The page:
There is a fair amount of “buzz” around why successful actively managed mutual funds can not be successfully chosen ex-ante (beforehand) given that there is little evidence of persistence of mutual funds that outperform their peer group from one period to the next. In otherwords only a fraction of mutual funds that originally outperformed in the first measured period outperformed in the second measured period.
Vanguard’s research on persistence (PDF: The Case for Indexing) published 04/14 highlights its version of the persistence challenge. Researchers at Vanguard looked at 5,945 mutual funds with 5 year track records at the end of 2008. It reported that only 145 funds of the original 5,945 remained in the top 20% of top performing funds. That’s 2.4% of the original funds! While that sounds like some disappointing results — maybe its not so bad.
But first, it seems strange to me that any valid information can come out of a study when 32.1% of the original funds were merged or liquidated/closed at the end of 2013. Again 1,910 of the 5,945 funds did not complete the second 5 year measurement period. That seems to be an issue that should be addressed before any conclusions can really be made.
Regardless, the key takeaway from these types of studies on persistence should be that no style of investing works in all market conditions. Sometimes growth companies outperform value companies and large companies outperform small companies. The value premium has been shown to be variable not unlike the equity premium. Therefore persistence shouldn’t be expected through a market cycle. That’s the education that investors should be given. In passing Vanguard acknowledged this in a brief comment in their study:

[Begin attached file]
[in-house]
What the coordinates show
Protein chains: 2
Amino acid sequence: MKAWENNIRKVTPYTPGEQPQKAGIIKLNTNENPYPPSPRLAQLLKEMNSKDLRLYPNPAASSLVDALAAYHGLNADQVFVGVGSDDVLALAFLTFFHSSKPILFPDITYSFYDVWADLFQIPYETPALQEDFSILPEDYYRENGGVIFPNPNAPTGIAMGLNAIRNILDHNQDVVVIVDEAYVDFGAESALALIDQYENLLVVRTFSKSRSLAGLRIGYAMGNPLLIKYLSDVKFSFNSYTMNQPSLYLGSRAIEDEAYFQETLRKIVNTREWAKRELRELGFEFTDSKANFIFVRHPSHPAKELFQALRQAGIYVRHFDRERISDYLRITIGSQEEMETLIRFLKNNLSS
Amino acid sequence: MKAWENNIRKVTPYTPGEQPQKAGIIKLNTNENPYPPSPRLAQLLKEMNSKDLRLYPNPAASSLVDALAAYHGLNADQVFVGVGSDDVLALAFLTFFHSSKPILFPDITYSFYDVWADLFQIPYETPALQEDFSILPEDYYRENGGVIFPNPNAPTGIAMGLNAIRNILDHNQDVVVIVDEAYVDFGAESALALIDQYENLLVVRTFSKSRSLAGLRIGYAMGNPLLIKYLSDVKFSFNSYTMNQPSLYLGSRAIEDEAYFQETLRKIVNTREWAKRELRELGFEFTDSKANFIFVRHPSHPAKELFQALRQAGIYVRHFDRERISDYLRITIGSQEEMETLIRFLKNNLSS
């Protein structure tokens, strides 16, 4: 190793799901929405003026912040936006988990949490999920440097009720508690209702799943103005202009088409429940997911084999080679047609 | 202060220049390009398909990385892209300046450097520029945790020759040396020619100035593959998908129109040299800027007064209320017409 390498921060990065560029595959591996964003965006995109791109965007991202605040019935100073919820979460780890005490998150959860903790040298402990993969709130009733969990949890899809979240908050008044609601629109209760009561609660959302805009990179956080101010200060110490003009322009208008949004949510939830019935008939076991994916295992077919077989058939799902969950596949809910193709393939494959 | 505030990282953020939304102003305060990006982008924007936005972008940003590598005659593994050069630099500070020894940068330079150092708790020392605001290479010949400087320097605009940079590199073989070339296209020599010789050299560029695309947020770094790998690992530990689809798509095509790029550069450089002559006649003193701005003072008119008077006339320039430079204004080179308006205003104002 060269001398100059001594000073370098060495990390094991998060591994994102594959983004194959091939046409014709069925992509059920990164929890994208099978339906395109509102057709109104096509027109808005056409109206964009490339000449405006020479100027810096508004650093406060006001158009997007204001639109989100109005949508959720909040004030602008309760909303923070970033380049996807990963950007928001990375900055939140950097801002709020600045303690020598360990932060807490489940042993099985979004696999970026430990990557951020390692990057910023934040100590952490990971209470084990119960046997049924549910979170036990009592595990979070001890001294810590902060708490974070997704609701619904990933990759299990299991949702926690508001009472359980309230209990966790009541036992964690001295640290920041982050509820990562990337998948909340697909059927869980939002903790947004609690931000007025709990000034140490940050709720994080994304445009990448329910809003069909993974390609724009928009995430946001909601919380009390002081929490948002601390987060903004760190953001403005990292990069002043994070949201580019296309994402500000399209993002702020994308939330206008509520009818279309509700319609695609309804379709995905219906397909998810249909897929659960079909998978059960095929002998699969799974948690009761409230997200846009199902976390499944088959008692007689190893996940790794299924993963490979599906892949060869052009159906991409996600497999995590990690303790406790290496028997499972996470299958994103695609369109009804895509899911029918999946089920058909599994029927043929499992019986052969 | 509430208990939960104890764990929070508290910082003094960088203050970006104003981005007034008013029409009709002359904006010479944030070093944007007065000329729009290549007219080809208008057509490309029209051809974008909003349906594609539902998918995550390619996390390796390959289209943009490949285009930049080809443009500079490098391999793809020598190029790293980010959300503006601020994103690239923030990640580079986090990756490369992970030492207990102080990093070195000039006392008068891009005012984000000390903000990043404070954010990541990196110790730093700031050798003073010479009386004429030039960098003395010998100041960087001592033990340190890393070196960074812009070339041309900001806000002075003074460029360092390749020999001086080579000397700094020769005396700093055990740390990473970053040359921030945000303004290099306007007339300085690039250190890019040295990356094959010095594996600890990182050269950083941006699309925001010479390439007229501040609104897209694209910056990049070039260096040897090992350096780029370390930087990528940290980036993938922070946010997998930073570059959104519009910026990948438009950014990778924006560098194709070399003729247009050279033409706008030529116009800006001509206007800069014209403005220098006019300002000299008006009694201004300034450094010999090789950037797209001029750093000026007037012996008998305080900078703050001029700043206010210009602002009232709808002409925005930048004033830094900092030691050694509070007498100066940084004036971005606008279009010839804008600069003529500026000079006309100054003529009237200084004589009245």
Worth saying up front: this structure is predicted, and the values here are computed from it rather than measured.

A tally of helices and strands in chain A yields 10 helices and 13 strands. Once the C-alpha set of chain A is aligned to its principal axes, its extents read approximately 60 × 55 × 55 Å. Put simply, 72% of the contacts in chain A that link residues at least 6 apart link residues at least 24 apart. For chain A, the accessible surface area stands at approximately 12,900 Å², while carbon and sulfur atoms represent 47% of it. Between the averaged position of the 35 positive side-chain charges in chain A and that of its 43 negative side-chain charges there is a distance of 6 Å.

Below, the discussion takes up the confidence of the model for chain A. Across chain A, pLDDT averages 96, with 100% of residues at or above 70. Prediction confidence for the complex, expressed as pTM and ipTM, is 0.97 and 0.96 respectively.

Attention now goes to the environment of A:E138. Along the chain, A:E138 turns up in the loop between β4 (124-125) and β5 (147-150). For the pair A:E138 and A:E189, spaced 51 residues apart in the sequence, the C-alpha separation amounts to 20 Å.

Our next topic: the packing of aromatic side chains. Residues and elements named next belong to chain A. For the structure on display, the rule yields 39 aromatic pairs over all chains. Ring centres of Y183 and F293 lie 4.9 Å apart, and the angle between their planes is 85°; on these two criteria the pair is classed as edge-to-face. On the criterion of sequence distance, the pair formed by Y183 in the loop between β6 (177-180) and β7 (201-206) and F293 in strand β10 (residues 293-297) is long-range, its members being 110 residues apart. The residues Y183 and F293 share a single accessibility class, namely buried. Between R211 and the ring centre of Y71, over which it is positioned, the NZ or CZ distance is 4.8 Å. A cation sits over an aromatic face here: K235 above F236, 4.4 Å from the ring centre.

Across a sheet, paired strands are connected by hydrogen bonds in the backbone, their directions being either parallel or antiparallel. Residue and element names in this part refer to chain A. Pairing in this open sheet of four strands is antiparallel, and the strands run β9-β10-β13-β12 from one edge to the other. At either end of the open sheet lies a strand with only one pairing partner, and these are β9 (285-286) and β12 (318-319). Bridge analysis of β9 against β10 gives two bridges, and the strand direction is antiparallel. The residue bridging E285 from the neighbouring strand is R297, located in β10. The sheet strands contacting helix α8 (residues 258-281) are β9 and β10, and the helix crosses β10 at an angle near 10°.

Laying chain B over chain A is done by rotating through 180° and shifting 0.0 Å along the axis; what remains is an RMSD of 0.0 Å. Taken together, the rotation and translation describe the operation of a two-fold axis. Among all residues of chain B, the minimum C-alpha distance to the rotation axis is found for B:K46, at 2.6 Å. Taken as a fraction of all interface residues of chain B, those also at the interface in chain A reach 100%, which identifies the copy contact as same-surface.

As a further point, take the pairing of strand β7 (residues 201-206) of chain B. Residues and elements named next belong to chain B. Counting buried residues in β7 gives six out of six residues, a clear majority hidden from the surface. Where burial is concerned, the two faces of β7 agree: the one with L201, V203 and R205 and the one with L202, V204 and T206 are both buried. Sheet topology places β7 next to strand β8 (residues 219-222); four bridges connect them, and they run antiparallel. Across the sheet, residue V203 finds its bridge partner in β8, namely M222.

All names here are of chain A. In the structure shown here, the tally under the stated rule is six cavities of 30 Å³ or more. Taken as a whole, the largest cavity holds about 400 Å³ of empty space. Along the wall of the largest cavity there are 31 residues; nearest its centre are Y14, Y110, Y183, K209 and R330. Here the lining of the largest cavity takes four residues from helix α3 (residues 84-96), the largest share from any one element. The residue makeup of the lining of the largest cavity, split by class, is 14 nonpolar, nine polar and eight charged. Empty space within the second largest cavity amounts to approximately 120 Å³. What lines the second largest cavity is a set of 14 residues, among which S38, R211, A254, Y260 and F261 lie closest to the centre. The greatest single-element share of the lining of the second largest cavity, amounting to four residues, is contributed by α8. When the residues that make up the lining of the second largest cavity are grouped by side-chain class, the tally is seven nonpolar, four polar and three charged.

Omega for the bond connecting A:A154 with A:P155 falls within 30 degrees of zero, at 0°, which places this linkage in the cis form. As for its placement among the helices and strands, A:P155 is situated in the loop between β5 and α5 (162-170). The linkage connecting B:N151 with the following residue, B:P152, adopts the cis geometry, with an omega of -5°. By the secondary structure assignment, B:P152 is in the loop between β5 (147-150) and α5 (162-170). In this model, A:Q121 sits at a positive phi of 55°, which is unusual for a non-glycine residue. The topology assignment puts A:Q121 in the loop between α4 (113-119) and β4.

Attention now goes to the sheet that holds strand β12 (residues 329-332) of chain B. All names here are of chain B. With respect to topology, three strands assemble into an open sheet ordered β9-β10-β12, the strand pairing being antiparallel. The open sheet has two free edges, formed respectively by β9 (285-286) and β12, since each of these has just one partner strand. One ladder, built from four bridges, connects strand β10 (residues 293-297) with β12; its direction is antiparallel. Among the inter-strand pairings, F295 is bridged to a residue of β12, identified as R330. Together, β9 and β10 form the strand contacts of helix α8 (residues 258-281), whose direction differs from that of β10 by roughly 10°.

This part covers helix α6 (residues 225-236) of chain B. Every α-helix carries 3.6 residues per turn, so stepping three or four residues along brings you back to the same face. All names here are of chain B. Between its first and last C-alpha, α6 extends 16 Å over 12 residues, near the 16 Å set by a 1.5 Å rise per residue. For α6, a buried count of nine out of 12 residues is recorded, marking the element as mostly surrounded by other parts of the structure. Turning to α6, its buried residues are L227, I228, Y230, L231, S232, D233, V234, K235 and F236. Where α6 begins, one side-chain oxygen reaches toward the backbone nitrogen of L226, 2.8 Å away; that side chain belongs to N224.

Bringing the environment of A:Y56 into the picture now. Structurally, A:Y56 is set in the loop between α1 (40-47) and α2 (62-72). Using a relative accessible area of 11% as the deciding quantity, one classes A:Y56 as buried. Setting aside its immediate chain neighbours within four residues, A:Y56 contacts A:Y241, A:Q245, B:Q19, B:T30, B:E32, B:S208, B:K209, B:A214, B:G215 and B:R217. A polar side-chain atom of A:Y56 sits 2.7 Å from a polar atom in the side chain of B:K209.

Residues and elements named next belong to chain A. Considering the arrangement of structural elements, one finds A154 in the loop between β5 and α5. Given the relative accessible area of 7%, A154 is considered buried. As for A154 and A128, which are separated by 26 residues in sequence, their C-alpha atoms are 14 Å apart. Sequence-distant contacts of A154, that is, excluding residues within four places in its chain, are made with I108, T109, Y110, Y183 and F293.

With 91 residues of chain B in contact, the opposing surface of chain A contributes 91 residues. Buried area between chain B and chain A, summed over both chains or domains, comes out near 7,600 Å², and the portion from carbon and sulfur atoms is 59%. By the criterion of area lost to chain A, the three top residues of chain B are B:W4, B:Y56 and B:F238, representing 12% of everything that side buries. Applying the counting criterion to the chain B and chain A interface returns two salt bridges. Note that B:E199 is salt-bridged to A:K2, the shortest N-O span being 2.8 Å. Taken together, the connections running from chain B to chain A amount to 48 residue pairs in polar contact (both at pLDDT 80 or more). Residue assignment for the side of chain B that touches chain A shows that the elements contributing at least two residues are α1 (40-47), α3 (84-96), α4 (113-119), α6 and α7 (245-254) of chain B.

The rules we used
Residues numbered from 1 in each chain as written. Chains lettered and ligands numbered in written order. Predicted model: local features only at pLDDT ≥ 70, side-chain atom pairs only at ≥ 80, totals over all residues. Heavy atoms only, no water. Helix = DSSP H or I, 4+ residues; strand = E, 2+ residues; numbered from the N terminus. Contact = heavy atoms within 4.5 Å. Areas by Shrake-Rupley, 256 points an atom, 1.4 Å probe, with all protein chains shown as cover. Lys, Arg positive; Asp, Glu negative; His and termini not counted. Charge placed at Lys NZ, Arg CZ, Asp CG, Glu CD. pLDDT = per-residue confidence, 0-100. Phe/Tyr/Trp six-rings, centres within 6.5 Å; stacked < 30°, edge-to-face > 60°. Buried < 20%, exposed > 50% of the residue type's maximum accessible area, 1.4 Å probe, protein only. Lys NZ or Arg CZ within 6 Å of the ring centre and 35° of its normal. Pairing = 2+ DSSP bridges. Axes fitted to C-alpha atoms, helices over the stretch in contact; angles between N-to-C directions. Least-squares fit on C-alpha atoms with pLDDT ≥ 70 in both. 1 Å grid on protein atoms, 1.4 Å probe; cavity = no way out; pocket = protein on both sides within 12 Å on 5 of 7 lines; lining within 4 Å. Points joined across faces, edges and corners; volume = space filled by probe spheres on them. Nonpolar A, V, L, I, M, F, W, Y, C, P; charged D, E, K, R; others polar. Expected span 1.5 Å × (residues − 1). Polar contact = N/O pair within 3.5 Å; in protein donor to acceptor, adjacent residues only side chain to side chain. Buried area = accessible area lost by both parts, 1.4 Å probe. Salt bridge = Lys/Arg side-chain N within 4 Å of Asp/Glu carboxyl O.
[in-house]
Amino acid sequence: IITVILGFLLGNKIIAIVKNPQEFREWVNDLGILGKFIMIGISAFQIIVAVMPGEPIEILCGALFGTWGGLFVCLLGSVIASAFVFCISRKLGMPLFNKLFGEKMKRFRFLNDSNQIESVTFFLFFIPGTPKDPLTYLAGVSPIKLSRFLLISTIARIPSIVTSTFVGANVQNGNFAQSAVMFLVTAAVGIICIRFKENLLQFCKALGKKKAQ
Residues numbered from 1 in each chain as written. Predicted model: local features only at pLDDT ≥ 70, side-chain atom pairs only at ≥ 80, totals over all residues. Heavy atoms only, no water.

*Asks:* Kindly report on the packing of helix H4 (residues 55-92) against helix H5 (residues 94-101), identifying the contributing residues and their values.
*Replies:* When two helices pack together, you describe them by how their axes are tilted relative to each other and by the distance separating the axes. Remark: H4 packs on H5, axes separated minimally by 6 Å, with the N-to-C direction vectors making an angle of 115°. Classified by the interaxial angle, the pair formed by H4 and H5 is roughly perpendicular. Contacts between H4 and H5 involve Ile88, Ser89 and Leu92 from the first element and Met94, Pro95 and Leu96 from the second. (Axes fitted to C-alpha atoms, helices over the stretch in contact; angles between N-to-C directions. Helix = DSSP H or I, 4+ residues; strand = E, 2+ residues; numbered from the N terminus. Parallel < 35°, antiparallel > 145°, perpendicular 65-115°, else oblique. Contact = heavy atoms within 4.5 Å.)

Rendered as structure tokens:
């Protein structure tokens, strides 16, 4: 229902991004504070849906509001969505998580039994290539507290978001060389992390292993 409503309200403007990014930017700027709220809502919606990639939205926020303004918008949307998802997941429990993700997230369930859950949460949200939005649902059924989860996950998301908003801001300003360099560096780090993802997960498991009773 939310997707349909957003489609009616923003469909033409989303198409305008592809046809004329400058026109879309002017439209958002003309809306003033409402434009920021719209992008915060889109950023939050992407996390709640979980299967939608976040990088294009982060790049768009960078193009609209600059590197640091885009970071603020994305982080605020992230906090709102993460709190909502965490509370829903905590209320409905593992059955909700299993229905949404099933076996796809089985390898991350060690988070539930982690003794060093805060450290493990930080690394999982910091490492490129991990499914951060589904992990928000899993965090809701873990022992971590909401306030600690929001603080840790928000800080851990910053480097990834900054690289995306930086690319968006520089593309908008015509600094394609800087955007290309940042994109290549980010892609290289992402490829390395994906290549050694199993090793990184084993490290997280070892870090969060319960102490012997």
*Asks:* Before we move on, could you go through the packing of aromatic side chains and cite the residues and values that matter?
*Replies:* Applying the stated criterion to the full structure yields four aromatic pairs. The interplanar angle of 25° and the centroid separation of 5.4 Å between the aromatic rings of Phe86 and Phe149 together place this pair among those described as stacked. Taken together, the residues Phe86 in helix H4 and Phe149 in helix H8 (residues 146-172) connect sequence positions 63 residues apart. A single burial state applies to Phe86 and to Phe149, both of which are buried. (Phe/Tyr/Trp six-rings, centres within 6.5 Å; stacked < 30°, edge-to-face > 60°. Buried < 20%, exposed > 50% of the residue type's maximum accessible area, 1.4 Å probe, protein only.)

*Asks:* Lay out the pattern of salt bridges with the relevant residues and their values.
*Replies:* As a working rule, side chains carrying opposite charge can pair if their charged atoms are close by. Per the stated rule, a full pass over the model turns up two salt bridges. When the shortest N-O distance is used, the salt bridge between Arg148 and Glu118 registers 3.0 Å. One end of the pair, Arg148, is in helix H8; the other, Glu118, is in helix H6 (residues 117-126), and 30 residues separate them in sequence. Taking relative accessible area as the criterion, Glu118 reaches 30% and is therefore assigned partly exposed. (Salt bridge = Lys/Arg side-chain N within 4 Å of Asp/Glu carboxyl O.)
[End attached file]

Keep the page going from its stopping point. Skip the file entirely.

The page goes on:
Another key factor is that of consistency—that is, keeping
a good manager, once one is found, rather than rapidly
turning over the portfolio. Maintaining the ability to filter
out noise—especially short-term measures of performance
versus either benchmarks or peers—is furthermore crucial.
At the end of the day — there is plenty of evidence of active management falling short of generating excess returns over its appropriate benchmark but it seems that there are too many structural flaws in the mutual fund industry to take these types of studies seriously. A mutual fund not being persistent in outperformance over a rolling 1, 3, or 5 year period still might seem shortsighted as Vanguard duly notes.